Danny Now a "Tiny Hurricane" With Gusts Up to 85 MPH

Danny is still in the middle of the Atlantic
Danny is still in the middle of the Atlantic
Photo by National Aeronautics Space Administration via Wikimedia Commons

Right now, if you happen to be in the middle of the Atlantic, say 1,000 miles or so east of Puerto Rico, you should really be prepared for some serious anthropomorphized weather hell. If you're in Miami, or anywhere on land, for that matter, there's nothing much to worry about — at least yet. 

As of 5 a.m. Danny, which was upgraded from a Tropical Storm to a Category 1 Hurricane early Thursday, was located at 13.7 degrees north and 47.4 west — still in the middle of the ocean, basically, but getting closer to the Caribbean and Florida. According to the National Weather Service's National Hurricane Center, the storm is moving to the west and north at 10 miles an hour, which would put him on track for some kind of landfall by the middle of next week.  

As far as storms go, Danny is very small, with his strongest winds extending only 10 miles out from his center. "This is a tiny hurricane," the weather service said in its latest report. But he's also been getting stronger: Wind gusts have already been as high as 85 miles an hour.

Danny Now a "Tiny Hurricane" With Gusts Up to 85 MPH (2)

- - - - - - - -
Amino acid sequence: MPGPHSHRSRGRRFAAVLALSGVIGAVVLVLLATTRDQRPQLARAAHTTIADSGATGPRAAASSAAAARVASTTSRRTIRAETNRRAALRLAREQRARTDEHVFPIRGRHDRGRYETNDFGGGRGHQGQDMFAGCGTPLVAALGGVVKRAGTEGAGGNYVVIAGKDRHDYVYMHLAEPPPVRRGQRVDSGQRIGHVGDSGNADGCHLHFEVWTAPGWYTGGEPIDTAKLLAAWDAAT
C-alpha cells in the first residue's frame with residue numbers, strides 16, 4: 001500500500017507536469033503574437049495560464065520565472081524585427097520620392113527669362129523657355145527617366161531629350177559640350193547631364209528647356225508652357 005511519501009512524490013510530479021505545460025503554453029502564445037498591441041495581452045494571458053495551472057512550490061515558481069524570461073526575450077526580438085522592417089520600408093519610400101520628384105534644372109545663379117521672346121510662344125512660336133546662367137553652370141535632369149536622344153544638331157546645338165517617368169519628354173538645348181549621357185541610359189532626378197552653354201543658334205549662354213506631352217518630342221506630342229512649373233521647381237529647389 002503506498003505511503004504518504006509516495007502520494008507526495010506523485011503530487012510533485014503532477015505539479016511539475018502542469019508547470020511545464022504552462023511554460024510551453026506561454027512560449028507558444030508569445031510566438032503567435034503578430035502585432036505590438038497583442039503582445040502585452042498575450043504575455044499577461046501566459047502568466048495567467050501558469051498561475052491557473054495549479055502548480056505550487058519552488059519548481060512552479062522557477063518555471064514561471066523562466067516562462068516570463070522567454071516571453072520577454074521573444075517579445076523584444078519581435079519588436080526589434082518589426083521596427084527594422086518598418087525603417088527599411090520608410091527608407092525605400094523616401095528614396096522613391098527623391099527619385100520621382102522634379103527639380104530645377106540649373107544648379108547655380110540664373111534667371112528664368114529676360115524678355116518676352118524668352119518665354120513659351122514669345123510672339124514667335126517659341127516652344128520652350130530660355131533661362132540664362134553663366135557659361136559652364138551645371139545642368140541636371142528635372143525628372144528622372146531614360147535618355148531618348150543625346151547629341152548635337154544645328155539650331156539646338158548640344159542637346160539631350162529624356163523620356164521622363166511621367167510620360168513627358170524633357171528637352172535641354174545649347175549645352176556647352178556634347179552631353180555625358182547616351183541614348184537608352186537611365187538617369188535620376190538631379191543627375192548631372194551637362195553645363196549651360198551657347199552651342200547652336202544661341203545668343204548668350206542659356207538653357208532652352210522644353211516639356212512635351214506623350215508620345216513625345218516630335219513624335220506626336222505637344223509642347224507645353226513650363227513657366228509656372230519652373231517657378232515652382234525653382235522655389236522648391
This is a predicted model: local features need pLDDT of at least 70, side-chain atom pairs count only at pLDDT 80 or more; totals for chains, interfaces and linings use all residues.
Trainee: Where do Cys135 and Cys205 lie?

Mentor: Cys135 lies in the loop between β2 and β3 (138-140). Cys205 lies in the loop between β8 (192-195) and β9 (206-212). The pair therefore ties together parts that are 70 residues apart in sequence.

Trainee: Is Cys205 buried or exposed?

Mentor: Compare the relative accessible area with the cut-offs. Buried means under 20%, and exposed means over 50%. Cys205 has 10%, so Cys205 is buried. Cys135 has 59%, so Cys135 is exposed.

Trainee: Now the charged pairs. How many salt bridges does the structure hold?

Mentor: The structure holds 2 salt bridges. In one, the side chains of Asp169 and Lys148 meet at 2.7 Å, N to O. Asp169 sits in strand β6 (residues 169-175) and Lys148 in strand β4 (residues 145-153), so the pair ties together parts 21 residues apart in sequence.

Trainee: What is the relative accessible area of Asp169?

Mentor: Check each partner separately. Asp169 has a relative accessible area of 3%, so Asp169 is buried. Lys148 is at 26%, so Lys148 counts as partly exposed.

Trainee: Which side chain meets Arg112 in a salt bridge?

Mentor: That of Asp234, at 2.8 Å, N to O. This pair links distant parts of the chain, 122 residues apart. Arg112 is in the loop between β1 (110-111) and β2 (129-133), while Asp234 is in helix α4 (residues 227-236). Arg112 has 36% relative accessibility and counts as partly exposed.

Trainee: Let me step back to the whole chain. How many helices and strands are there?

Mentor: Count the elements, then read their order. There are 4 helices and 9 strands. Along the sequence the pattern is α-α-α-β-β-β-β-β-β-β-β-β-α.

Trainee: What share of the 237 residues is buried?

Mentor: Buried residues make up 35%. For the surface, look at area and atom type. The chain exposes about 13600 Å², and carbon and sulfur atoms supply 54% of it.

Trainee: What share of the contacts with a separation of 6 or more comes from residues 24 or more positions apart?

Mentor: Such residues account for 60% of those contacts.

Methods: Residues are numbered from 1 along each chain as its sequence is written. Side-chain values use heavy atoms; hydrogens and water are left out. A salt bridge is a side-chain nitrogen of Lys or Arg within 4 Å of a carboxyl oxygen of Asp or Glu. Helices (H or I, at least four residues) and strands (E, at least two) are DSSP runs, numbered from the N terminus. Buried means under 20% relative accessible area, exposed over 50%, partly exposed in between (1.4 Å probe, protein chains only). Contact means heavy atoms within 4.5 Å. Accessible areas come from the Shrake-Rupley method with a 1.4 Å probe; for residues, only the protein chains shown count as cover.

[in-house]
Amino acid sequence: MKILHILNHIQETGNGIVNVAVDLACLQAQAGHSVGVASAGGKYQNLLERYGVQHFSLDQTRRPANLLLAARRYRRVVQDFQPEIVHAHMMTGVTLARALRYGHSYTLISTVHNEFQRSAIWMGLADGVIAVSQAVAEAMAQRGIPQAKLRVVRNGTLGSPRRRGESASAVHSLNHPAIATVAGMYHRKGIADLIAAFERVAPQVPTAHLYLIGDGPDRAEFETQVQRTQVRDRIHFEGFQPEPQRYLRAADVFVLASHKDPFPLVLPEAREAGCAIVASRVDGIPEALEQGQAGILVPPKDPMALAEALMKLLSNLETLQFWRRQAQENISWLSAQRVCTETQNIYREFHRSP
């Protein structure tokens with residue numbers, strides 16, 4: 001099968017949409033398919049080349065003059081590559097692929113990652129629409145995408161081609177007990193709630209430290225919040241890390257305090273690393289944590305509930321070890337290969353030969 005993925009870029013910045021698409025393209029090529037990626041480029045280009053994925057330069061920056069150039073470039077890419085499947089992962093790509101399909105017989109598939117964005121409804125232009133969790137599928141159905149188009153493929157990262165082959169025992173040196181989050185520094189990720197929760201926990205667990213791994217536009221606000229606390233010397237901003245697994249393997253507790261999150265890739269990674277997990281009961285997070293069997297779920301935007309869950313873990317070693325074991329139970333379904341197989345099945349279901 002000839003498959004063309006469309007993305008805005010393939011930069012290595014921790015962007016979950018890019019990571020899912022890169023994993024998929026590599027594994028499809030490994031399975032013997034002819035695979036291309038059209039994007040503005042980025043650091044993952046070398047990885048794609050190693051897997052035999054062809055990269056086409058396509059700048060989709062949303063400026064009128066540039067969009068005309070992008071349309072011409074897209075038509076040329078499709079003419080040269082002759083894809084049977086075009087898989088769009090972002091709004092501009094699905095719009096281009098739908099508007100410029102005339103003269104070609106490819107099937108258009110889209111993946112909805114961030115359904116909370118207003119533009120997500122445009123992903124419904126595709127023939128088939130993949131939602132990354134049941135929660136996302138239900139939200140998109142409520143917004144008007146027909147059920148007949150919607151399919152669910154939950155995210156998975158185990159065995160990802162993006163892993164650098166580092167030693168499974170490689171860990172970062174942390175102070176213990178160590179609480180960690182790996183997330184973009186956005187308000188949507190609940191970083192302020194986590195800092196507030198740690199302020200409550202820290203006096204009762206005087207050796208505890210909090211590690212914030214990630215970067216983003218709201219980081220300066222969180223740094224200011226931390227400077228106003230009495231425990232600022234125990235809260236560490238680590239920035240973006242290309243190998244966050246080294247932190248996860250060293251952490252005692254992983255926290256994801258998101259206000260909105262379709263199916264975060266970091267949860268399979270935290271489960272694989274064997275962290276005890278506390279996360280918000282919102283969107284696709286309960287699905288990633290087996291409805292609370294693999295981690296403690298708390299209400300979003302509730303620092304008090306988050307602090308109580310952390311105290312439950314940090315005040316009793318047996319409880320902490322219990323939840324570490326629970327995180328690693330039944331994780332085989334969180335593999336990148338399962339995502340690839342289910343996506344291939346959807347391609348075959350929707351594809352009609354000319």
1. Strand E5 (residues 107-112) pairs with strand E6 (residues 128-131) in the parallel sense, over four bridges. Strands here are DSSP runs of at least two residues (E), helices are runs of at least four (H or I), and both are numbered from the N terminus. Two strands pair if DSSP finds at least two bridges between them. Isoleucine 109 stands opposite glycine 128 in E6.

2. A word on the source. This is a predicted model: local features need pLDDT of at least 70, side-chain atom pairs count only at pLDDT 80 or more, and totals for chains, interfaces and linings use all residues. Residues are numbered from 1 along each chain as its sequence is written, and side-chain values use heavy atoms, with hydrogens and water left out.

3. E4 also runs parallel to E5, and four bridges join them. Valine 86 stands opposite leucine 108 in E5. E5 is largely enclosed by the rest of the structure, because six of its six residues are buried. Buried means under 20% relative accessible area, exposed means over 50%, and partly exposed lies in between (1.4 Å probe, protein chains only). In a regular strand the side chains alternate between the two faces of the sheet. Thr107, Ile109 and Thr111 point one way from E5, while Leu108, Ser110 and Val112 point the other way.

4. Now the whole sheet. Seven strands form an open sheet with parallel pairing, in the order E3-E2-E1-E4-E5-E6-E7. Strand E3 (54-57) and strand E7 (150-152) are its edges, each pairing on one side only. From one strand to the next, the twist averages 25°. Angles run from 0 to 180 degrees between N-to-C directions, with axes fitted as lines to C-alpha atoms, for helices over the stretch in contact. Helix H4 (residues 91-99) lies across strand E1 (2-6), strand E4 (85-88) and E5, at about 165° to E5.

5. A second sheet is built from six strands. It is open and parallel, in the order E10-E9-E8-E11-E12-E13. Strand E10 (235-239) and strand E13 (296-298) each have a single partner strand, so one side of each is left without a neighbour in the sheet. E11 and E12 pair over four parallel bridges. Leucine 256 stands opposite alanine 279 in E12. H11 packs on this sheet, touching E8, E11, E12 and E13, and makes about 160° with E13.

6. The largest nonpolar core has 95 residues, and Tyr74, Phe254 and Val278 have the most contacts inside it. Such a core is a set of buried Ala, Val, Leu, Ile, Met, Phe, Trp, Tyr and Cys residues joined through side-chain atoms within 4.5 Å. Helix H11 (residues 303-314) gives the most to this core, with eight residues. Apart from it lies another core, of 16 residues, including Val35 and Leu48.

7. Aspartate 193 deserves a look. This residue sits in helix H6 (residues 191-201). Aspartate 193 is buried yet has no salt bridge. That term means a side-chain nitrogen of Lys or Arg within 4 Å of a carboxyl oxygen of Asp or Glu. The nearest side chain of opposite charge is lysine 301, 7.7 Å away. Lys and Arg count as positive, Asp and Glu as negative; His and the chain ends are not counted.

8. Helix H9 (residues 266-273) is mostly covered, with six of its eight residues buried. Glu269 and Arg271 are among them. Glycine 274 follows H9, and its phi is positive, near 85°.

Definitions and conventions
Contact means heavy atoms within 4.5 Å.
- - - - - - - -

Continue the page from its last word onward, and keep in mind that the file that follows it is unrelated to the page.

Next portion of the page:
Still, tiny, mighty Danny may not have a whole lot more left in him. Although he's expected to actually get stronger today, the storm is then expected to get weaker on Saturday, because of a whole lot of Saharan sand hanging out in the atmosphere. The current projection calls for Danny to pass over Puerto Rico and Hispaniola on Tuesday and Wednesday next week as a downgraded tropical storm.

Here's Bob Henson's much more scientific analysis on the Weather Underground:

"One of the two main obstacles it faces is a huge zone of relatively dry, dusty air that extends across most of the Atlantic around 20°N latitude (see Figure 4). Any large-scale intrusion of this air into Danny’s circulation would tamp down the instability that fuels convection. Thus far, Danny has been able to generate and consolidate enough shower and thunderstorm activity to fight off injections of dry air—another benefit of its small size. As it slowly gains latitude, Danny will be at increasing risk of falling victim to this zone of dry air, provided it does not shift to the northeast in tandem with Danny’s northwestward motion." 

In other words: Pay attention to Danny boy. But don't start singing any sad Irish songs just yet — it's still way too early to tell what Danny will do next.

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